From: writerwench Date: January 19th, 2007 03:36 pm (UTC) (Link)
Ah, right, well in that case... it depends entirely on what your lifestyle requires, but I'd look very closely at reliability and a good driving position/seat comfort for a female. A lot of cars I've driven have been obviously designed for long-legged men, and the seat belts have driven me NUTS constantly creeping up around my neck.

I'm a bit odd with cars... I like things like the Renault Five and the Mark 1 Renault Espace, because they're such design/style icons and so distinctive, but probably in the USA any import would be pricey to maintain/repair/replace bits on. I'm incredibly lucky to have a very good, very honest young car mechanic just around the corner, who keeps my vehicles in good nick, but without one of them, it's always a worry.
pi3832 From: pi3832 Date: January 19th, 2007 12:49 pm (UTC) (Link)

Kibbitzing like a fiend

There are advantages to both, and I guess it really comes down to how much money I want to spend.

I hope you don't find it rude of me to ask, but if you were to buy, for example, a $17,000 car, how would you get the extra $8,500? There's a big difference, in my opinion, between shelling out that kind of cash from savings, and taking out a loan to cover it.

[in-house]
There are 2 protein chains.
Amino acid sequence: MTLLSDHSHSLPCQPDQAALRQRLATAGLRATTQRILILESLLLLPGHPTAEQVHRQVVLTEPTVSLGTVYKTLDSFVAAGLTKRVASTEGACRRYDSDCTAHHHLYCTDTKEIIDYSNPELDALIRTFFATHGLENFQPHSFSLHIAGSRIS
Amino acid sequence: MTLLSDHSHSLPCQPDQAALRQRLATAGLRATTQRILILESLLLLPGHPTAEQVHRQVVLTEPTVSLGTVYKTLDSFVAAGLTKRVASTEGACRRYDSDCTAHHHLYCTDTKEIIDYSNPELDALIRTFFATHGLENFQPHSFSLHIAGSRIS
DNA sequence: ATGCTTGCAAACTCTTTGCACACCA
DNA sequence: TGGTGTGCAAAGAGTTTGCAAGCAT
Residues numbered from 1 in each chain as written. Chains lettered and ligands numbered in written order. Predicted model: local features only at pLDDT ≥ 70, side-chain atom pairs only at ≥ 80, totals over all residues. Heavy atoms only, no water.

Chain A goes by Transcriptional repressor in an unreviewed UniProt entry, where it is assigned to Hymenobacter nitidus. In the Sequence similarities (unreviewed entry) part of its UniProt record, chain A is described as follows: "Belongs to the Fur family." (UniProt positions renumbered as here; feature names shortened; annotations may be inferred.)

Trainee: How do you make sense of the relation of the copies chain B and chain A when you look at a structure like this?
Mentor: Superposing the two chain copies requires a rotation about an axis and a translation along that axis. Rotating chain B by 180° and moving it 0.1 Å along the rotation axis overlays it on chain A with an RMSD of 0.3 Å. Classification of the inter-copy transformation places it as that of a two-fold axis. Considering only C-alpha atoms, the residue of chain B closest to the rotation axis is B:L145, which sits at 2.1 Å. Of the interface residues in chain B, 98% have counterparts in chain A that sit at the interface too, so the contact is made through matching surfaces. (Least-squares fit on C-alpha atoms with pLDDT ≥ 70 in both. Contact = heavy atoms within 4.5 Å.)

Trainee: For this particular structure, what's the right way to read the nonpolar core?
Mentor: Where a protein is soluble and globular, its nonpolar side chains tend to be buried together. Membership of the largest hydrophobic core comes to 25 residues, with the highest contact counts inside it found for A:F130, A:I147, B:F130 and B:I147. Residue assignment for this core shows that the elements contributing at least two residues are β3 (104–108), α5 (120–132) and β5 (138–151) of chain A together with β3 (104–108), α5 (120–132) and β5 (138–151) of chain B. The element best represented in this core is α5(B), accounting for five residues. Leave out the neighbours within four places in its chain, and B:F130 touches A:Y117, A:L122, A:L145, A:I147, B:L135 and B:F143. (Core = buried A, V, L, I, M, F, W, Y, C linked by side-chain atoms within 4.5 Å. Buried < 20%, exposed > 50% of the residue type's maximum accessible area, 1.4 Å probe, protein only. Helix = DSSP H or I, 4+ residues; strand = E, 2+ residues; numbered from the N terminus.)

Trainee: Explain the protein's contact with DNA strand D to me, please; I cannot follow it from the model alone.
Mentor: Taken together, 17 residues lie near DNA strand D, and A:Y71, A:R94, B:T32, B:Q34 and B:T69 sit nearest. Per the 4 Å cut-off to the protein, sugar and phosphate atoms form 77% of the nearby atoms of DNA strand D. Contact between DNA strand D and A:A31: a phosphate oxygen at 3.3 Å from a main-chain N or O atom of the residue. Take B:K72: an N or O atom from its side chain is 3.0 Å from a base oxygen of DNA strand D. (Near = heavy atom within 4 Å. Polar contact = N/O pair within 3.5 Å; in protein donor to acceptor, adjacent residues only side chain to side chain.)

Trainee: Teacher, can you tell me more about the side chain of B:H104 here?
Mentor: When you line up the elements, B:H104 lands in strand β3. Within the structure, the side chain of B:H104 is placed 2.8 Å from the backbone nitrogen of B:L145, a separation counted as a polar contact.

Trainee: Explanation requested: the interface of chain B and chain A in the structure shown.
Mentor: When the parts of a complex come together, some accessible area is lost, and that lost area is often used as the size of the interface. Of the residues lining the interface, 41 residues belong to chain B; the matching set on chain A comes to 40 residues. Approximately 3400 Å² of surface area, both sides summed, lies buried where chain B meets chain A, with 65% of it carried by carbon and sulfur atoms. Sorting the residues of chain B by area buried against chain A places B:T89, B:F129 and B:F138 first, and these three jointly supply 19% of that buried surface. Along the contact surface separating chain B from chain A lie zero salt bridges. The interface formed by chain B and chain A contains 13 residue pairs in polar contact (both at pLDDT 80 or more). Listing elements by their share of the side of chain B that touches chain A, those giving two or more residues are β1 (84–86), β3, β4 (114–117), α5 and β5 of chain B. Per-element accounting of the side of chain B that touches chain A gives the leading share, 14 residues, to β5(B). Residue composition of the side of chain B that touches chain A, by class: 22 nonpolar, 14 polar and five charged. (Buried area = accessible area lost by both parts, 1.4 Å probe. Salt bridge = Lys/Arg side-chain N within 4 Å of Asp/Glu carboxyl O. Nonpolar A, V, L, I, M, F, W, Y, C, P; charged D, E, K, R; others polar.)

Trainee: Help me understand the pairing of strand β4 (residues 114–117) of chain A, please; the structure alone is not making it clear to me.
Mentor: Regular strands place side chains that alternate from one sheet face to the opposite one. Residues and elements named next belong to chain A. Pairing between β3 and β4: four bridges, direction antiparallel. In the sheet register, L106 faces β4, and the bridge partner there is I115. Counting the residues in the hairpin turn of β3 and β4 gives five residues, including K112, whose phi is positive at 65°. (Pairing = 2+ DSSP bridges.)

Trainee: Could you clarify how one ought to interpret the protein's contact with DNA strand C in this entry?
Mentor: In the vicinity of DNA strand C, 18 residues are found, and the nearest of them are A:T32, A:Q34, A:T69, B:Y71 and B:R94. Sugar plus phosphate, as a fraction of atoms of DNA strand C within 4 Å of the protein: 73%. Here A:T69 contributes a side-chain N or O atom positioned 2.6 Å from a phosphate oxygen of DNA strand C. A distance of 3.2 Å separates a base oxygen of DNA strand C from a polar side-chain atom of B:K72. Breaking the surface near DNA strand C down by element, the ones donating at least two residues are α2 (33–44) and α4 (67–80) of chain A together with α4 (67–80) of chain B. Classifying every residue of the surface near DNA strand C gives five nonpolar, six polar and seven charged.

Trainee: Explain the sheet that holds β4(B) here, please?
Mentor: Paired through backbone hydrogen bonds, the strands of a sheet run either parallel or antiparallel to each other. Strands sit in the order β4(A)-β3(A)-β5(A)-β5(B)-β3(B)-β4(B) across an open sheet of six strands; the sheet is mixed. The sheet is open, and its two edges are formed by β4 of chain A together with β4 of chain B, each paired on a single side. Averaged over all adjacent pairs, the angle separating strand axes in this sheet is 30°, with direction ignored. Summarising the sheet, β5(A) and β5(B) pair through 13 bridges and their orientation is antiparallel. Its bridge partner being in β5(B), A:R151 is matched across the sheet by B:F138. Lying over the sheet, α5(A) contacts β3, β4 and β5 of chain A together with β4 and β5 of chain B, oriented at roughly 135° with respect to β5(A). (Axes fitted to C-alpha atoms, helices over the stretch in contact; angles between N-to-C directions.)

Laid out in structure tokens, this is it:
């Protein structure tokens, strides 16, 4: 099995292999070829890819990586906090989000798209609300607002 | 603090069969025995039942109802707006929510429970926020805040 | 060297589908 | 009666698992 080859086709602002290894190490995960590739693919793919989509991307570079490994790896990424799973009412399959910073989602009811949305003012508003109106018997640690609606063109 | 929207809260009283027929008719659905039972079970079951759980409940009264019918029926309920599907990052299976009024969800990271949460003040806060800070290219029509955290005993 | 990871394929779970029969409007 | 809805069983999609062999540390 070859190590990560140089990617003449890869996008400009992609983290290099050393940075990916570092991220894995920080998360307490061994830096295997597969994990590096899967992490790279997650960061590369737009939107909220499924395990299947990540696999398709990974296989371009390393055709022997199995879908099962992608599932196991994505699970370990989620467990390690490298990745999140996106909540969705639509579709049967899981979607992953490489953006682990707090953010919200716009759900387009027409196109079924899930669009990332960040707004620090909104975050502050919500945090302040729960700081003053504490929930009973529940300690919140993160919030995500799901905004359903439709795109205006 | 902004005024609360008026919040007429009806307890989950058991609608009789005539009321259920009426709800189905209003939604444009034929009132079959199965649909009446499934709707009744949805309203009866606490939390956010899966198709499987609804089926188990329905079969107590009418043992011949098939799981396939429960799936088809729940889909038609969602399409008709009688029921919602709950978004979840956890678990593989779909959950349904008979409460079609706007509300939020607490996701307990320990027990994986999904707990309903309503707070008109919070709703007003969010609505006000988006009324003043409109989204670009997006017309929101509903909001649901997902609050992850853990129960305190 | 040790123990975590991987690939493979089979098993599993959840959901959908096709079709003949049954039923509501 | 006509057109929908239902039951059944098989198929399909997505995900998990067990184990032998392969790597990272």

The price of a loan can be even higher than it seems. For example:
  • Loan for $8,500
  • 3.4% APR interest
  • 36 months
  • $250 per month
  • $450 interest paid over life of loan
BUT, if you were to save that money:
  • $250 per month
  • 36 months
  • 4.5% APR interest (really)
  • $9650 at end of three years
So what you actually pay, including opportunity costs, for the $8,500 loan is $1,600! That's almost 20%!

So, if you would have to finance part of the price of a new car, I'd say go used. If you can afford to pay cash for a new car, then the issue is more debateable. Then it's a question of the hassle-factor, IMO. (New cars are less of a hassle than used cars. I'll probably babble about this more in a later entry.)
renniekins From: renniekins Date: January 19th, 2007 01:32 pm (UTC) (Link)

Re: Kibbitzing like a fiend

I could afford to pay cash if I wanted to (depending on how pricey the car actually was...)